High school was a few days ago for most of us. Yet I’m sure we use more than what we think we do from those days. My husband and I went to the same high school in rural Kansas. He’s two years older than me, and we had most of the same classes. While we remember vastly different things about those classes, one thing we both recollect fondly to this day is Lierz’s Philosophy of Life.
Paul Lierz is the ag teacher and FFA advisor at Jackson Heights High School in Holton, Kansas. Every single year in every single class he starts the school year with the same thing. He will walk in and ask, “What is life?”
Life is a game and it can be “game over” at any time. Your choices can have lasting impacts.
Lierz explains that life can be like a bell curve: In the beginning all of your needs are met by someone else. You are fed, clothed, diapered, and comforted all by someone else. As you grow, the bell curve starts its uphill climb. You learn to walk, talk, and feed yourself. You continue growing, find friends, learn new things, figure more and more out. Then you graduate, go to college, find your soul mate, settle down, have kids. You get your dream job, dream house, dream car. You are living your dream. The bell curve is still on the way up. You gain more independence all the way along the climb.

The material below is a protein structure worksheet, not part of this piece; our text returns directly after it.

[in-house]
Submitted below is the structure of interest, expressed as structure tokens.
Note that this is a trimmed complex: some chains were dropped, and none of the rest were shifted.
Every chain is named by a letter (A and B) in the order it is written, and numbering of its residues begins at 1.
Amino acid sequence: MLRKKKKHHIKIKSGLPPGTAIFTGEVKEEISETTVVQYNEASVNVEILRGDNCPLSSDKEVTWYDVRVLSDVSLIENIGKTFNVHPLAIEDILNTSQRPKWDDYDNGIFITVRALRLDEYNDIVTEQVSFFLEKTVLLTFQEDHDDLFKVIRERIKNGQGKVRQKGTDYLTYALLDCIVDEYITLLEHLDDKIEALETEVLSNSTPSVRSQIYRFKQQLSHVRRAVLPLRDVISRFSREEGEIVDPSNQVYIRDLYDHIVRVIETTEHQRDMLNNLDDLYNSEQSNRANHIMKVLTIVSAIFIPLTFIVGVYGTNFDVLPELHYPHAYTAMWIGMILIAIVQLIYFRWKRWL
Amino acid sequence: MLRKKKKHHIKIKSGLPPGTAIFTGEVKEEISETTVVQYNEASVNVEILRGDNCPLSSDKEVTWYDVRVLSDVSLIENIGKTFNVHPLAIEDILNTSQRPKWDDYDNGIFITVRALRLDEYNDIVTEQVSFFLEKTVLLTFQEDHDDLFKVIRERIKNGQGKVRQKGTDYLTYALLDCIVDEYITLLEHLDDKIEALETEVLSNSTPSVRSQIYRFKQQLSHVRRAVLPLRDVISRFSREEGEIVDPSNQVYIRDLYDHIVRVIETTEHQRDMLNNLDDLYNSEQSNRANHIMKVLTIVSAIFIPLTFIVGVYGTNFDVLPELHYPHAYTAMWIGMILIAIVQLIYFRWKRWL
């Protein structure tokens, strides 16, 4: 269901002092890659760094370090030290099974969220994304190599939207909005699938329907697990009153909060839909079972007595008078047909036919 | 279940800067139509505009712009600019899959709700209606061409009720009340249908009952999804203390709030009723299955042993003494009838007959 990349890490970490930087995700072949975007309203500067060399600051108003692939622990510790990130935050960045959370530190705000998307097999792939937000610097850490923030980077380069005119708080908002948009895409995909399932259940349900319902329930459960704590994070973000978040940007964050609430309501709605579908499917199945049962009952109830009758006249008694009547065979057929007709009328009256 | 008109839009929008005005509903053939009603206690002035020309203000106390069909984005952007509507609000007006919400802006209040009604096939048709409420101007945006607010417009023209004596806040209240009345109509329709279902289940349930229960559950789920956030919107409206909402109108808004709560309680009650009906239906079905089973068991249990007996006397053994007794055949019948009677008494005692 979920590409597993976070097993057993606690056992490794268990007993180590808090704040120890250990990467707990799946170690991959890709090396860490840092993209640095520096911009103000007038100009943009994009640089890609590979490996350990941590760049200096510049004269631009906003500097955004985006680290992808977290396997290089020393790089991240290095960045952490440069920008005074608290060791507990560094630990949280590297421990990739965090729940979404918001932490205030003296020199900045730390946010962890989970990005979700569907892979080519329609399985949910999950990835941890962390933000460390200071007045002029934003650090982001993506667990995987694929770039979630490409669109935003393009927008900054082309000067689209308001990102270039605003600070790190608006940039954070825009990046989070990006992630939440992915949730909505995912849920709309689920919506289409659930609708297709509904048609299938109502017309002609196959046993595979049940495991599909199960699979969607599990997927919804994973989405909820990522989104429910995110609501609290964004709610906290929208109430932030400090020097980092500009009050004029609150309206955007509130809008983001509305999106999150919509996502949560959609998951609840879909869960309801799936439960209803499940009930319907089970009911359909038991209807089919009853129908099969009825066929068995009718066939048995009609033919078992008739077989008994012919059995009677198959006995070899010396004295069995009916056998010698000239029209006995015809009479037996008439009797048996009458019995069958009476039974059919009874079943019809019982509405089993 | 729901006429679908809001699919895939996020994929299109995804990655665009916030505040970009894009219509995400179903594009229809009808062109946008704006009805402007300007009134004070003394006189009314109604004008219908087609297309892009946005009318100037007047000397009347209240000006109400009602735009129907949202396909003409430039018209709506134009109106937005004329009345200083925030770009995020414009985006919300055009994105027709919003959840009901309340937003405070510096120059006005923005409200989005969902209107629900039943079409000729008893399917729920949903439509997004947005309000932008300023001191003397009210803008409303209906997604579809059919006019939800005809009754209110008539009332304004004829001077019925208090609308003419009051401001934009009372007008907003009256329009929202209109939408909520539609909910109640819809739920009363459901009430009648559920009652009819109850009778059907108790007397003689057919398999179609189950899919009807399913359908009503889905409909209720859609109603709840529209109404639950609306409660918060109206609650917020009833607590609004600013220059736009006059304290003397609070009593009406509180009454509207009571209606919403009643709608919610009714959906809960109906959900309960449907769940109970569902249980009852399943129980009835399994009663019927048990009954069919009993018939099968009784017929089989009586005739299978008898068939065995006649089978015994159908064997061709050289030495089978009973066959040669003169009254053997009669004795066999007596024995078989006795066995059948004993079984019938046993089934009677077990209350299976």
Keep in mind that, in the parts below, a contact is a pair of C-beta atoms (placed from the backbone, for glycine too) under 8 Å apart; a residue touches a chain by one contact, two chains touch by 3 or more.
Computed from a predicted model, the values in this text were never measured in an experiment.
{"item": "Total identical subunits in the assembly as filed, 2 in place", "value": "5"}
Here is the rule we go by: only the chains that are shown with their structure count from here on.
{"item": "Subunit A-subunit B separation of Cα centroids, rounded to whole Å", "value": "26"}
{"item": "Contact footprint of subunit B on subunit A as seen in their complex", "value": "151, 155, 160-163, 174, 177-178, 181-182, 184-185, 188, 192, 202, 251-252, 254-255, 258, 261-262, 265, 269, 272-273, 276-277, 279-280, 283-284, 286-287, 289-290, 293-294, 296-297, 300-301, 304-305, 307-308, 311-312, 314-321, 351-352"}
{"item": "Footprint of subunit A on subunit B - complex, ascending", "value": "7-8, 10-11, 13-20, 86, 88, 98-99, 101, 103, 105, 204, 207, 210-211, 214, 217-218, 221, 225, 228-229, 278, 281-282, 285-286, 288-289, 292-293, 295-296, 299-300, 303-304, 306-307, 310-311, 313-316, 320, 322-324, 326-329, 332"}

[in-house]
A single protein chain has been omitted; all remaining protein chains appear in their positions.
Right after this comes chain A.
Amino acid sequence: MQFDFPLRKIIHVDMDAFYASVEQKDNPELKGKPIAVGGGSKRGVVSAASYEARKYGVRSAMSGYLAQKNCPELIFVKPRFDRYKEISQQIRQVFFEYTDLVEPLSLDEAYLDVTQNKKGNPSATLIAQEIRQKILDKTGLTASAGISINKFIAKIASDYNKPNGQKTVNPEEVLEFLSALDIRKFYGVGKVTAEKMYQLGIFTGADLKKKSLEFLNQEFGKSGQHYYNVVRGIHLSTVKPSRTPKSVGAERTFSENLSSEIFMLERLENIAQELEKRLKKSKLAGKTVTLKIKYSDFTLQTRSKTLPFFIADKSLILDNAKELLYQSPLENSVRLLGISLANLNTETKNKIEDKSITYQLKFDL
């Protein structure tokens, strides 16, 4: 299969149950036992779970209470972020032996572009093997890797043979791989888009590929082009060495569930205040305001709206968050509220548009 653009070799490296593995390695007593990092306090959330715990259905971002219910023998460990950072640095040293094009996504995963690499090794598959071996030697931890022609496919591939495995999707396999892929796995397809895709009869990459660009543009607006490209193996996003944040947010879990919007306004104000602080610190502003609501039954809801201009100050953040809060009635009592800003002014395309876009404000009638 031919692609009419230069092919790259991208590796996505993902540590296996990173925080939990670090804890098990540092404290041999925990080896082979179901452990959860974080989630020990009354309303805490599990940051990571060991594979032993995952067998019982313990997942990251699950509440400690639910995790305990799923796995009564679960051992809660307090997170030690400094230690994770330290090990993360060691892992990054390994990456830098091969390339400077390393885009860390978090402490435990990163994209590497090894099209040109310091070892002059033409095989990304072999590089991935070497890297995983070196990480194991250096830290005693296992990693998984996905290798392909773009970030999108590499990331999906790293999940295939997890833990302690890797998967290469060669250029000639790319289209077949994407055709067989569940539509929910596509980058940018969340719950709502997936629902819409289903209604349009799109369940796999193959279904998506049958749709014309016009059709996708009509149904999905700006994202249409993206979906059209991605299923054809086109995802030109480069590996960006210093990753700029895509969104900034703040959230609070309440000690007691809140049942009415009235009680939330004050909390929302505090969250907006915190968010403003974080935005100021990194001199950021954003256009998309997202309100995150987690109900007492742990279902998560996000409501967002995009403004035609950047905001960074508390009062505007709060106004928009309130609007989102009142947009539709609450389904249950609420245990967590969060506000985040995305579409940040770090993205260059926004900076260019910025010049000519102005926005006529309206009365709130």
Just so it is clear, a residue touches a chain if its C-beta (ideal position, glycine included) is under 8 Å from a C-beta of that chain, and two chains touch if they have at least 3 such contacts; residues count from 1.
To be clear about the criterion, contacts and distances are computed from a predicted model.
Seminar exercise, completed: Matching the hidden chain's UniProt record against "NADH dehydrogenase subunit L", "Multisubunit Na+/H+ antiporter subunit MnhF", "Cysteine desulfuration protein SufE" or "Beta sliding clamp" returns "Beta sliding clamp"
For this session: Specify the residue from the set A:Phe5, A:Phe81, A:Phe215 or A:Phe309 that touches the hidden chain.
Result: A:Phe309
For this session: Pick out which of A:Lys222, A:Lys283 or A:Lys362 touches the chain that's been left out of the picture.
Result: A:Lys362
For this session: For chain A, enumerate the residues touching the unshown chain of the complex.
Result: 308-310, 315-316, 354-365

Then you reach a point that your life is statically more than half done. You start reflecting. You start thinking about what you haven’t done that you want to do. Health issues start cropping up until you reach a point that somebody else is meeting all of your needs again.
Because of this concept that life is a game, we get to choose how to play it. Sometimes we play the games we like: weddings, vacations, wins at our jobs. Sometimes we play the games we don’t like: funerals, divorces, stressful days. No matter which we are currently playing, the game can end anytime.
Lierz says he tries to be happy every day. We never know when it’s going be “game over” for us, and he doesn’t want his last day to be a bad day. Bad things happen, things we can’t control happen, but we get to choose how we play.
Lierz knows what he is working for. He knows why he is working. He knows what makes him happy. He knows why he wants the money. He has his life figured out.
Because we farm on a busy highway, we have no choice but to take equipment up and down the highway. Whenever we see somebody in too big of a hurry to wait and does something dangerous, my husband and I always think back to the idea that it can be “game over” any time.
There’s a lot of special advisors and teachers shaping the next generation. I hope we value knowledge and life skills in our education system, rather than teaching for tests. There is very little that I think about almost daily from my school days. But Lierz’s Philosophy of Life is one of those things.
Spring and summer farm work is in full swing around here. You have a million things to do. Before you do that thing that you think you probably shouldn’t do, think about how life is a game and how it can be “game over” at any time. You never know.
Kelsey Pagel is a Kansas farmer. She grew up on a cow/calf and row crop operation and married into another. Kelsey and her Forever (Matt) farm and ranch with his family where they are living their dream and loving most of the moments.